Fluid Earth also comes with a lightweight, easy-to-customize web component version which can be embedded in webpage contexts where the full application is not needed. These tools have already been deployed with the team’s Virtual Ice Explorer tool (https://virtualice.byrd.osu.edu/) and by collaborators as part of the Permafrost Discovery Gateway (https://arcticdata.io/catalog/portals/permafrost/).


It is worth considering what unique features Fluid Earth brings to the ecosystem of similar online weather- and climate-visualizing map tools such as Windy, Ventusky, and Meteoblue (see Table 3 for comparisons).

Table 3: Comparison of Weather and Climate Visualizing Map Tools

ProductURLRenderingWeather detailProjectionAnimation FPS
Windy.comhttps://www.windy.com/2D tilesTens of milesRectangular1
Ventuskyhttps://www.ventusky.com/2D tilesMilesRectangular (globe available in mobile app)1
Meteobluehttps://www.meteoblue.com/en/weather/maps/2D tilesMilesRectangularN/A
AllisonHouseMapshttps://maps.allisonhouse.com/free/maps3D tilesTens of milesRectangular, globe10+
Google Earthhttps://earth.google.com/web/3D tilesHundreds of milesGlobe1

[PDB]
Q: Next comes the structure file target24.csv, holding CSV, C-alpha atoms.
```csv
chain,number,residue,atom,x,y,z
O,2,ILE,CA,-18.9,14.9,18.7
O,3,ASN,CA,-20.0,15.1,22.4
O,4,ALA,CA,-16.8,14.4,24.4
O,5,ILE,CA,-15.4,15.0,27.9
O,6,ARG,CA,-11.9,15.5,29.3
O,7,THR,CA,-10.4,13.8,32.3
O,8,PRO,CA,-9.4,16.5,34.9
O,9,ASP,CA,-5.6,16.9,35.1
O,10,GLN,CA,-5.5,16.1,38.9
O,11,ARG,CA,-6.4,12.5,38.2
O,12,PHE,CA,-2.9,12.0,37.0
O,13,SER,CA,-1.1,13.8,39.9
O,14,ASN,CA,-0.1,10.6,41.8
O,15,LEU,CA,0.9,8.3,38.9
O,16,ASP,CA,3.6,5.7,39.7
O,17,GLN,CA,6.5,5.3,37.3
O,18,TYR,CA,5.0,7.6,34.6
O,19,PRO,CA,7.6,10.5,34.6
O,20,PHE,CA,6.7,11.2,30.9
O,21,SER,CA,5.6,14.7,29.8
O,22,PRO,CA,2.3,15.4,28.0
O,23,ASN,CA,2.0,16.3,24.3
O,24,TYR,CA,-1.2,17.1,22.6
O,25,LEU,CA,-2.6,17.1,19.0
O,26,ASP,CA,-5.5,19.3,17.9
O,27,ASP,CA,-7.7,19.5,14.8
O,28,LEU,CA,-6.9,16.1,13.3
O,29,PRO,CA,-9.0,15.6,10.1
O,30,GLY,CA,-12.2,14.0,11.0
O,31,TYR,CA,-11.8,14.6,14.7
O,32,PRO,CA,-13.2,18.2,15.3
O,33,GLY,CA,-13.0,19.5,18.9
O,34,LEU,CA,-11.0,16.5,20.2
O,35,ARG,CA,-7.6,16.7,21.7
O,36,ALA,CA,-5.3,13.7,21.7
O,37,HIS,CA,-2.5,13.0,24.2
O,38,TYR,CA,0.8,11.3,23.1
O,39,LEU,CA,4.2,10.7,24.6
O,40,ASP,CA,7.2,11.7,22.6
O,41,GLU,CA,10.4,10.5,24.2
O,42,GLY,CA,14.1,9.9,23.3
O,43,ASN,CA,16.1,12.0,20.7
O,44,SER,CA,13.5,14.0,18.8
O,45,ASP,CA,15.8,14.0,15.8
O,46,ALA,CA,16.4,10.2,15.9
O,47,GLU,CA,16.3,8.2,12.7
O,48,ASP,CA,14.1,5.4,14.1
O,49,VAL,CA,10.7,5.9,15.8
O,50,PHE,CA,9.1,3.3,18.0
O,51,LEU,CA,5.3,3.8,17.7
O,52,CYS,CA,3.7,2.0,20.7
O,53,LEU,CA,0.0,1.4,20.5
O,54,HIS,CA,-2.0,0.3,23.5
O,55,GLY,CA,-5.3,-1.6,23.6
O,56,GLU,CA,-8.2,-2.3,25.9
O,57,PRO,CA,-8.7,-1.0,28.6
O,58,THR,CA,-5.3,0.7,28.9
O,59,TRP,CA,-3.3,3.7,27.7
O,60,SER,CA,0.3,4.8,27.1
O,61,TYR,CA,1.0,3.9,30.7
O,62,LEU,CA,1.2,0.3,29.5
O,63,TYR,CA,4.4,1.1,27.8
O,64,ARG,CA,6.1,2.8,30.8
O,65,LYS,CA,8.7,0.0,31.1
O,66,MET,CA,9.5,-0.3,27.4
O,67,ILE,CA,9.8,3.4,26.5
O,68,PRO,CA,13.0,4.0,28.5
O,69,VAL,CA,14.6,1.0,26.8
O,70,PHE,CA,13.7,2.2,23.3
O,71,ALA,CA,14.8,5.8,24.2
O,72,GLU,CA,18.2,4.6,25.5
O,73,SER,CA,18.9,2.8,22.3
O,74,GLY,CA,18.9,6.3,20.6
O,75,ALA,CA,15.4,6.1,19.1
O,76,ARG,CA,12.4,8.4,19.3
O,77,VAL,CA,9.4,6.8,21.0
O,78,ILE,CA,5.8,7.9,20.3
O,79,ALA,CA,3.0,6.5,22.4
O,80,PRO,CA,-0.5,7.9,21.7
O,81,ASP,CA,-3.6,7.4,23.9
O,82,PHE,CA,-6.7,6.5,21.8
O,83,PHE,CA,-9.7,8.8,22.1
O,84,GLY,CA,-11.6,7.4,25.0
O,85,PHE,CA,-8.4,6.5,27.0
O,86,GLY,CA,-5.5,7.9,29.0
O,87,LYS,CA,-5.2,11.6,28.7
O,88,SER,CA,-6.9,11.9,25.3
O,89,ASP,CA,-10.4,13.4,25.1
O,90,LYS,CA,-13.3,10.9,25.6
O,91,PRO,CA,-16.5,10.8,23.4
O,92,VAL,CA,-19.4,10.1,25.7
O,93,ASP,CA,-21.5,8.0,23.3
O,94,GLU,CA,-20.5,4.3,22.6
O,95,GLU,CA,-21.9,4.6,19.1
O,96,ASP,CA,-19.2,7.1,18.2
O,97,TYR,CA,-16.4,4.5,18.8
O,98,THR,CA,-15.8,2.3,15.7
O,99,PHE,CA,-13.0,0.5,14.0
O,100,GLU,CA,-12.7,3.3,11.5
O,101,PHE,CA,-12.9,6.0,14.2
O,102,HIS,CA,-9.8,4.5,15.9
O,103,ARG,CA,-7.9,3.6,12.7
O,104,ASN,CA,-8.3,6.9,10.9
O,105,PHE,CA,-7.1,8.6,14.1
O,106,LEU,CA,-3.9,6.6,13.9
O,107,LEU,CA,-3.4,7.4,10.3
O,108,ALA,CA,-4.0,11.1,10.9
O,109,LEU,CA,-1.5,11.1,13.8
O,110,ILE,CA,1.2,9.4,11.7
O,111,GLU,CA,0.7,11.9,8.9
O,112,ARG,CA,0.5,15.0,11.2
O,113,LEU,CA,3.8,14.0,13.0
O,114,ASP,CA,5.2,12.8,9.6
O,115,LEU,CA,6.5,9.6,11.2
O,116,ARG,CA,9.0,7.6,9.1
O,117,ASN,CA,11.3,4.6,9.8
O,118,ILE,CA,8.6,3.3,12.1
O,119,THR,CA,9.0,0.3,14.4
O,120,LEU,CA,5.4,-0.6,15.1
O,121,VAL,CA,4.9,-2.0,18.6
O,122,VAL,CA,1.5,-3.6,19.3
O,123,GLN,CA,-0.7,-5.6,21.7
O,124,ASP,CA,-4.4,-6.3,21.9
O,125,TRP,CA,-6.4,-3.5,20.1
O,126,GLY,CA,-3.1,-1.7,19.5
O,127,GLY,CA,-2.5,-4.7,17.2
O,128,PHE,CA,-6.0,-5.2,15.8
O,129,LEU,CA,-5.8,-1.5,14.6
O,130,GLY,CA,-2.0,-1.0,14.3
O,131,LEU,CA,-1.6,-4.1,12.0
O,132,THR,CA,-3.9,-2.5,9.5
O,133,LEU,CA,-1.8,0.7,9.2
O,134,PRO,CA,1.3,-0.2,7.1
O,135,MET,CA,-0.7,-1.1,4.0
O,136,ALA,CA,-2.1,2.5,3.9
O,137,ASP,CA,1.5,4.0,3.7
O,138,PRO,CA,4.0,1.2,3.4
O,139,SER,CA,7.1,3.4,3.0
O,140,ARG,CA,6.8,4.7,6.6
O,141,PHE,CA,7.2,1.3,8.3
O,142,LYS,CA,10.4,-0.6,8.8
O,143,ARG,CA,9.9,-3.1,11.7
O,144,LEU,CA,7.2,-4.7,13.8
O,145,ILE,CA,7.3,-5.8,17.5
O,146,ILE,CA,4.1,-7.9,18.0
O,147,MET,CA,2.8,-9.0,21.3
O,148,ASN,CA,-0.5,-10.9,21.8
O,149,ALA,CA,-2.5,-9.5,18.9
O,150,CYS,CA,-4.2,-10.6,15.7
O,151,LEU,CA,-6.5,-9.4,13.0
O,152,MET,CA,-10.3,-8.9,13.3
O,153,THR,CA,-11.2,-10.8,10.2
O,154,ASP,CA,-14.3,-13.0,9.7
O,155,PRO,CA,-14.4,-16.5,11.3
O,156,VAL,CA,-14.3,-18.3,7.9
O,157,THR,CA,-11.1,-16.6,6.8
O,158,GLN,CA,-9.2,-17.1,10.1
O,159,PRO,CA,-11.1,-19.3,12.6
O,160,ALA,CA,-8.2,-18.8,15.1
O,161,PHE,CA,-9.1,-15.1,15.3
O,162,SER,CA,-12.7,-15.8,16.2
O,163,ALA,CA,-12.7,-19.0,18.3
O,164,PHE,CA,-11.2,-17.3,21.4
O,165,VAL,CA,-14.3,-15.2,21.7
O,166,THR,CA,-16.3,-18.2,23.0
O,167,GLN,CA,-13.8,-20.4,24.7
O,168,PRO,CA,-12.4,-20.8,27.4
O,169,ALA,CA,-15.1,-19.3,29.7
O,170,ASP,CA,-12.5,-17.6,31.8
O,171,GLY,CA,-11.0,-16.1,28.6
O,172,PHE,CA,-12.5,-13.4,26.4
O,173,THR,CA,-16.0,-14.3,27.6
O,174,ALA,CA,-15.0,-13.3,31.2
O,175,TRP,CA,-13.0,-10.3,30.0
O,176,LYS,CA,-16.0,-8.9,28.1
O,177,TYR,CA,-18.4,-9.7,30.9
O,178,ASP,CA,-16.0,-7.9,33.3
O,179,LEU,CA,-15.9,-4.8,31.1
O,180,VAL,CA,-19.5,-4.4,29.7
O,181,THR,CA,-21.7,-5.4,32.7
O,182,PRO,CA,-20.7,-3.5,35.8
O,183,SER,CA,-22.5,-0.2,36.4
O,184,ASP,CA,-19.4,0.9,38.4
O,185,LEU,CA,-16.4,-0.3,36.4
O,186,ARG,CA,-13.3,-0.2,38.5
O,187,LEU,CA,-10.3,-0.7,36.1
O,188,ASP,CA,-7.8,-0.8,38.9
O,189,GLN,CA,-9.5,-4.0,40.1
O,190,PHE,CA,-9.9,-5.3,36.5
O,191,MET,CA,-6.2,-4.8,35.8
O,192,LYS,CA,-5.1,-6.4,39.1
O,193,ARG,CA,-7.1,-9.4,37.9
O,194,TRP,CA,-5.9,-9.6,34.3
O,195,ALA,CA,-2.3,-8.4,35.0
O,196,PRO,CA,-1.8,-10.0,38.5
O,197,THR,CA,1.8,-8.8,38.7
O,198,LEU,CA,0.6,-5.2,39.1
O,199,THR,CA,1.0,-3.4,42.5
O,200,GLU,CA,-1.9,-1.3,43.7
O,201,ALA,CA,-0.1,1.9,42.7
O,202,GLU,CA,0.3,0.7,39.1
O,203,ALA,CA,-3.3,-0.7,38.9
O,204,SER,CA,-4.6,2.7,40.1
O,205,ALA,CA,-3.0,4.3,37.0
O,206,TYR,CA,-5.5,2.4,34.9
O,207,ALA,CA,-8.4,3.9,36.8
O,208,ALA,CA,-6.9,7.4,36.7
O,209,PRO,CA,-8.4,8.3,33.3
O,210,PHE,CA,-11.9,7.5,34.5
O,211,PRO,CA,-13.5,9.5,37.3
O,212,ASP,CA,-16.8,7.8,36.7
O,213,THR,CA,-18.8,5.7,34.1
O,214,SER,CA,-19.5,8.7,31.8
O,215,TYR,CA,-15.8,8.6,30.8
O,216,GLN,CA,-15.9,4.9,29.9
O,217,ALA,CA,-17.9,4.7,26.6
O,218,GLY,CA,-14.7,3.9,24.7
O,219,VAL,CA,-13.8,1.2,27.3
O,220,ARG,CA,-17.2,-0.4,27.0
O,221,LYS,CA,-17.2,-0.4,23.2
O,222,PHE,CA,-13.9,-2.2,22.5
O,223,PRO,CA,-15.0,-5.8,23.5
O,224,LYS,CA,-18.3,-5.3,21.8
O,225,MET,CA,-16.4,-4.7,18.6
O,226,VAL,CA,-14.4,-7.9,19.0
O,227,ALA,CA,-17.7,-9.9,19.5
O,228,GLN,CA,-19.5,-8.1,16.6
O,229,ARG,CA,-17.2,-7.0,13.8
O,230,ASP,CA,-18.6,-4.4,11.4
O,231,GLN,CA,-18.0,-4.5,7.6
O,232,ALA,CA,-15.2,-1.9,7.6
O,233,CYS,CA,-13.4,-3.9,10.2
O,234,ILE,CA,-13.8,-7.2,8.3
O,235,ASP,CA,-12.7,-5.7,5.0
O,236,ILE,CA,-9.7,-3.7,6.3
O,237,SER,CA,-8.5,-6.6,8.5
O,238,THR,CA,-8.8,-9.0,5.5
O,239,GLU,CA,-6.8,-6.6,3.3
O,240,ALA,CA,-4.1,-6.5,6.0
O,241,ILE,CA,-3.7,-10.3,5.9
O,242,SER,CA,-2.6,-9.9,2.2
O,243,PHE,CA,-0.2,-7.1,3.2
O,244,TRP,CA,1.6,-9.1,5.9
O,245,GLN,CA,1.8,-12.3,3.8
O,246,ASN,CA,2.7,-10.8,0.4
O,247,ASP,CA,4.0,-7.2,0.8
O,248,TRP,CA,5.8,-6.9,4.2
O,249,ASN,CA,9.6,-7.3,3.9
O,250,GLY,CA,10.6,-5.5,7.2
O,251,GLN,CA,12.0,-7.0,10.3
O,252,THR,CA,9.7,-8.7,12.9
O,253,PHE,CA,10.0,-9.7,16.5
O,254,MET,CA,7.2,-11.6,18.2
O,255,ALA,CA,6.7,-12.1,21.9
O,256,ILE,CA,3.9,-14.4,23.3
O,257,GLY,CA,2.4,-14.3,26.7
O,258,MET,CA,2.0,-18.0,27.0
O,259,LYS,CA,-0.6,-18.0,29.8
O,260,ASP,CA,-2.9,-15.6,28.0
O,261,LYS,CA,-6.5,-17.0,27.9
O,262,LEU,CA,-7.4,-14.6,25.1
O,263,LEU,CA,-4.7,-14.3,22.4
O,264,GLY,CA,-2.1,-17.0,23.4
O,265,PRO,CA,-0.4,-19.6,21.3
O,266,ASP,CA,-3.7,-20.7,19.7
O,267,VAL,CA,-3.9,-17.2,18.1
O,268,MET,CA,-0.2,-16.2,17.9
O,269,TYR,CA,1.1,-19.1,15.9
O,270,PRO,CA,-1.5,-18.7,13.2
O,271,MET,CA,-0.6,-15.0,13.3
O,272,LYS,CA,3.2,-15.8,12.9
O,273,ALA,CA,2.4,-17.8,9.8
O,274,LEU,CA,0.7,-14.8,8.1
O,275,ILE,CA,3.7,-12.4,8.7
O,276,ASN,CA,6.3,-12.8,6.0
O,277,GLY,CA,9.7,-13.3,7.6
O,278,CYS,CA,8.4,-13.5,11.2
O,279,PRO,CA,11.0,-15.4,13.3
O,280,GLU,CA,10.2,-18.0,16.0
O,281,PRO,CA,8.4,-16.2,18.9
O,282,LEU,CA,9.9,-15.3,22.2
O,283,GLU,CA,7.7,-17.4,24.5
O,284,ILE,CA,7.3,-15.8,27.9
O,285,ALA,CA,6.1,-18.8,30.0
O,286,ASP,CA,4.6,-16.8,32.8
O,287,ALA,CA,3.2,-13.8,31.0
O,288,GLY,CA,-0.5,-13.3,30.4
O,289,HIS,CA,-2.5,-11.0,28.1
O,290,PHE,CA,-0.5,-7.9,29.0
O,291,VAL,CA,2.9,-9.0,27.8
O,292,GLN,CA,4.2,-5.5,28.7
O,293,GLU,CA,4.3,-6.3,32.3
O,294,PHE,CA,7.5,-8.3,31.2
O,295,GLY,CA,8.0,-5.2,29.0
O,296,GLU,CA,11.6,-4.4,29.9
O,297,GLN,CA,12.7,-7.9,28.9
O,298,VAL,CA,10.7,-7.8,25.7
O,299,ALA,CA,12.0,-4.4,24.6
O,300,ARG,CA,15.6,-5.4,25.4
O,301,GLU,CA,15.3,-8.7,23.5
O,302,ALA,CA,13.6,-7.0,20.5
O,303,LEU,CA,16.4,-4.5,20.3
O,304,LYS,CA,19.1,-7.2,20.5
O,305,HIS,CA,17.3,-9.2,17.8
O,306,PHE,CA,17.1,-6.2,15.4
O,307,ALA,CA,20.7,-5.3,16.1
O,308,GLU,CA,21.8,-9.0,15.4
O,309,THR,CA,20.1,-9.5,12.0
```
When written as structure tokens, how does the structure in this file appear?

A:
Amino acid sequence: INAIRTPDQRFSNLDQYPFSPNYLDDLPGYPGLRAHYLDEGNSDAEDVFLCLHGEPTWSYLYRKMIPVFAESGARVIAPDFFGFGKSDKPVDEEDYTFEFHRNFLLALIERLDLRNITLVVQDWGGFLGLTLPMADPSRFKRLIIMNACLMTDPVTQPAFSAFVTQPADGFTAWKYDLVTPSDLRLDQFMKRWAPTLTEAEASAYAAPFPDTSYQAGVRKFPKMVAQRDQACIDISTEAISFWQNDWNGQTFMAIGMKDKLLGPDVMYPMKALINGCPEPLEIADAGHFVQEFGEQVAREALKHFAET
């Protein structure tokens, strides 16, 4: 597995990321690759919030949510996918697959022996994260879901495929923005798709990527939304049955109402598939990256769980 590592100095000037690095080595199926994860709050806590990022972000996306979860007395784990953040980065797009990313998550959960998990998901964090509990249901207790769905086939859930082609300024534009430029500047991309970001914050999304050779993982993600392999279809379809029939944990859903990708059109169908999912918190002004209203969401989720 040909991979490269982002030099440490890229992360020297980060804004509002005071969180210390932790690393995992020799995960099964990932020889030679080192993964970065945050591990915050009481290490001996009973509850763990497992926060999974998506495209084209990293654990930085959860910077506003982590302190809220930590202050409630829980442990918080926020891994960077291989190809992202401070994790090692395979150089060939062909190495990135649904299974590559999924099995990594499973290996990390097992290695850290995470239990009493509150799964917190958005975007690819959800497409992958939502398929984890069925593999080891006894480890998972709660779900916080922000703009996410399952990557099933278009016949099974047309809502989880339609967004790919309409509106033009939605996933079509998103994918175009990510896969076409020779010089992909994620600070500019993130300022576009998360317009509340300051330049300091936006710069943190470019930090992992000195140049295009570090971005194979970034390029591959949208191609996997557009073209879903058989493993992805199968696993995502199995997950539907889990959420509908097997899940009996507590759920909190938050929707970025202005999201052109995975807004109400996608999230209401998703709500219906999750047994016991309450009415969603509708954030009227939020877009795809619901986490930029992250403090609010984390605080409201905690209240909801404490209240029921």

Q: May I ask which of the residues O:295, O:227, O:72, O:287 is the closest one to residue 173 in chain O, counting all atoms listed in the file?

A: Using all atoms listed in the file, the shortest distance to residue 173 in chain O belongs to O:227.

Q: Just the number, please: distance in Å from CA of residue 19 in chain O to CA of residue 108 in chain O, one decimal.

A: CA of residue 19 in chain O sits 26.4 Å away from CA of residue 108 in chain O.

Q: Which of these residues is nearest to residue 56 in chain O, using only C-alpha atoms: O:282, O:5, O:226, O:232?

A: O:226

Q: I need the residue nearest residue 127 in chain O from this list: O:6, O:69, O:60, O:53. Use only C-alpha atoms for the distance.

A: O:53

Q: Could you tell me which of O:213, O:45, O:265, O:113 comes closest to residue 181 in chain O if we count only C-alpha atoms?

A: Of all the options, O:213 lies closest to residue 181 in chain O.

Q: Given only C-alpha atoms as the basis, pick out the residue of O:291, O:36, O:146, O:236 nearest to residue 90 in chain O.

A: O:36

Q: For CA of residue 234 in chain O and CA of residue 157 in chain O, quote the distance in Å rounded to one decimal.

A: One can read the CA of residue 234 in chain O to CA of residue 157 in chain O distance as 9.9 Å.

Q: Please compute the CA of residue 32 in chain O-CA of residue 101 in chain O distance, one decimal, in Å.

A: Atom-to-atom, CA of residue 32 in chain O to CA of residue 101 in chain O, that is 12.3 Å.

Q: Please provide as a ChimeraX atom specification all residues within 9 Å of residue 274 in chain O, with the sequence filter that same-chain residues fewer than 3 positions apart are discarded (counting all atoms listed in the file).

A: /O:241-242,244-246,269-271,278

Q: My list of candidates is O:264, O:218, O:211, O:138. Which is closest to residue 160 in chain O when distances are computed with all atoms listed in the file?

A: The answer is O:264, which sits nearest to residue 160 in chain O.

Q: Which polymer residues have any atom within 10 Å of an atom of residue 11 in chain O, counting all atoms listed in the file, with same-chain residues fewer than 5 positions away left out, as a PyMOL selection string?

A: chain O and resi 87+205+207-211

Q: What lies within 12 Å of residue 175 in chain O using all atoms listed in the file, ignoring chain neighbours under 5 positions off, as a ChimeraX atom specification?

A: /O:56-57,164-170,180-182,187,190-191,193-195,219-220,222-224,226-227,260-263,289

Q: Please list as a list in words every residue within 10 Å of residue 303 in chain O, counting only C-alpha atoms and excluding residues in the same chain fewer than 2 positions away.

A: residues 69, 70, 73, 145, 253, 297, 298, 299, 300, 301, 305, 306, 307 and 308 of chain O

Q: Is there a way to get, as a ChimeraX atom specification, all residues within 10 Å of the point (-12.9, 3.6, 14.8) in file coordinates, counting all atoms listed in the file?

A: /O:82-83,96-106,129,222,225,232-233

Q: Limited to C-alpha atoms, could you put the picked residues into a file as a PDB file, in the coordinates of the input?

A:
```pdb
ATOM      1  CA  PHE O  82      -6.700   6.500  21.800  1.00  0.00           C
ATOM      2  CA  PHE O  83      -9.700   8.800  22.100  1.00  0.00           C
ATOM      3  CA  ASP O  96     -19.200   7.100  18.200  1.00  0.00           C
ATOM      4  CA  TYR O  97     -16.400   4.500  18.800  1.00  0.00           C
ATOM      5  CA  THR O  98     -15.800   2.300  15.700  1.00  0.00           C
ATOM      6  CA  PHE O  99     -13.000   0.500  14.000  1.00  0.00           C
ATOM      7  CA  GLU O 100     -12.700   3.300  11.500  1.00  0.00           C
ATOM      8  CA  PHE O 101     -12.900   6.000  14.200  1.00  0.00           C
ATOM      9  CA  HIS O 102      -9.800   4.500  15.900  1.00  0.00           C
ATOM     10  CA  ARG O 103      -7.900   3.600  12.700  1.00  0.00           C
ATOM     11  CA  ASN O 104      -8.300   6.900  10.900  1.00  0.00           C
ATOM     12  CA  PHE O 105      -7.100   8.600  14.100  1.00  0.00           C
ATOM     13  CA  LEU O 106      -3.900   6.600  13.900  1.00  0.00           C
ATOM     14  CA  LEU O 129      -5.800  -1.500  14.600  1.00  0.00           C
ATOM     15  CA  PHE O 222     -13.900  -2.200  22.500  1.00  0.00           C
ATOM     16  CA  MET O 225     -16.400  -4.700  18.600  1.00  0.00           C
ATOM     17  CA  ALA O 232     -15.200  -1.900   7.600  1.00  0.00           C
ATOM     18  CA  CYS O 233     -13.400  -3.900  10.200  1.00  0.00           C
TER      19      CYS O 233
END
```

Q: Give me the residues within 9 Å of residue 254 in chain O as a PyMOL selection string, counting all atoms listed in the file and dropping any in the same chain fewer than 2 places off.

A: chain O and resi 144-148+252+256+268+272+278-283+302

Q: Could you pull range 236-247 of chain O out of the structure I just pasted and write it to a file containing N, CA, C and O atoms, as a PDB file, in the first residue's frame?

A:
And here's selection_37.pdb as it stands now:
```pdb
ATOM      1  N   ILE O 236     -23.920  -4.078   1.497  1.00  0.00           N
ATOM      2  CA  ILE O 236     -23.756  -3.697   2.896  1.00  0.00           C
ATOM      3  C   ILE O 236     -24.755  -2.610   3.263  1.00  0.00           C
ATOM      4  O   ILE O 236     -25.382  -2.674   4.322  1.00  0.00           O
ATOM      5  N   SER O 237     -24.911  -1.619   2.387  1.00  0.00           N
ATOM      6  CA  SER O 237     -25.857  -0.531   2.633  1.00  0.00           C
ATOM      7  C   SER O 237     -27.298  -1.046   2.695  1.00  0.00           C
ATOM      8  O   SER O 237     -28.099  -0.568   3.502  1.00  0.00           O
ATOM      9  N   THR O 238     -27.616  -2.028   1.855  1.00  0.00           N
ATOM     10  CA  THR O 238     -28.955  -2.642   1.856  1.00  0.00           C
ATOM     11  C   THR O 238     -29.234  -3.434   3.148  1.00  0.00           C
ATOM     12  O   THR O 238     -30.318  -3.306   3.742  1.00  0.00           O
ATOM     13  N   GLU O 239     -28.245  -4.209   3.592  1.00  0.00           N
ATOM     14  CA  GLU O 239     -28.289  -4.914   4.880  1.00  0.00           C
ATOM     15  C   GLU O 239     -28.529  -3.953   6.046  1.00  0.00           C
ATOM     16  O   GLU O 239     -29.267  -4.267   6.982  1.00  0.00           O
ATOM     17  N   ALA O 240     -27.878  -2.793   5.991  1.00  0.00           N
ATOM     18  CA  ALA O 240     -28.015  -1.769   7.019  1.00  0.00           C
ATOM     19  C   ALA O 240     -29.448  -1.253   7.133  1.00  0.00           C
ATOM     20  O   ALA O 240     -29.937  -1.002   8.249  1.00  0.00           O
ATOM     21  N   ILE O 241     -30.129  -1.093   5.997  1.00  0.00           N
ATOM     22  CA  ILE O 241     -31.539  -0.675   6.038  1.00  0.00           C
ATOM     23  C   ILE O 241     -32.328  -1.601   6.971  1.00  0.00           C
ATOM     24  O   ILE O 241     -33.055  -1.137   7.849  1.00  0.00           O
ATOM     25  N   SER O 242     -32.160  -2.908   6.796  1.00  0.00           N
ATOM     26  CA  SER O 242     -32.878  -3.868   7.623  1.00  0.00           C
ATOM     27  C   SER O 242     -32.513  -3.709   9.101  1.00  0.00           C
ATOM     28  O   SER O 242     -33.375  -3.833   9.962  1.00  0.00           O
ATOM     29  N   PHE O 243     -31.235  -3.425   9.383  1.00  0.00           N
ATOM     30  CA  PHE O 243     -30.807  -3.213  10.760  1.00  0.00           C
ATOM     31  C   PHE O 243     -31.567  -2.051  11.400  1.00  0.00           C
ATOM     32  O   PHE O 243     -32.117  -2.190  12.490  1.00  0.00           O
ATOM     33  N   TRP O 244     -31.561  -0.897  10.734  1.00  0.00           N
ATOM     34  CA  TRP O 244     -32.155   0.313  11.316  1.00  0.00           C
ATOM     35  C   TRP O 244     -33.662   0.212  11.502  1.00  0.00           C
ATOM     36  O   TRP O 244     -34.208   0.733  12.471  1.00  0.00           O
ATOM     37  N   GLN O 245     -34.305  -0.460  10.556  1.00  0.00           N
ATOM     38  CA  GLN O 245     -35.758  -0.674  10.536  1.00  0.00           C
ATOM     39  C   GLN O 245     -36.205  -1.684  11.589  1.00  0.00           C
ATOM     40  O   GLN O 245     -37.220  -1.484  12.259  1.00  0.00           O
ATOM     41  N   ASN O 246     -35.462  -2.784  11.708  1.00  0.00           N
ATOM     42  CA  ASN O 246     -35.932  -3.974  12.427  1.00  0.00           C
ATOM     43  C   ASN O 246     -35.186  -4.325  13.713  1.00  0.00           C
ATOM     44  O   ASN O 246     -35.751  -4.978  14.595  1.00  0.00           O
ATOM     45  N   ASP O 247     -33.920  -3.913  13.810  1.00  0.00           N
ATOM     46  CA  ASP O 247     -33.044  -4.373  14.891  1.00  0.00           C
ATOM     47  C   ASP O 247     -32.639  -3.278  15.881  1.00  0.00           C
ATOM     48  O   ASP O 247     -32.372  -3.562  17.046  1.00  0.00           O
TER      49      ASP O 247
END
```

Fluid Earthhttps://fluid-earth.byrd.osu.edu/Whole earthTens of milesRectangular, Globe10+

These other tools use tile-based rendering, meaning they load sections of the map progressively, allowing users to drill down to high-resolution imagery. However, tiled data adds considerable complexity to the application logic and can lead to a sluggish experience for the user as they wait for sections of Earth’s geography to load in.

Many tile-based tools such as the above are also only able to support Mercator-style (rectangular) projections. Products such as Google Earth and the Cesium-powered AllisonHouseMaps (see Table 3) which utilize polygon-based mesh tiles, are able to get around this limitation and even render street-scale landscapes in realistic 3-D. However, these are even more complex than 2-D tiles and may be less performant for users with poor bandwidth or underpowered computers.

Fluid Earth’s Unique Features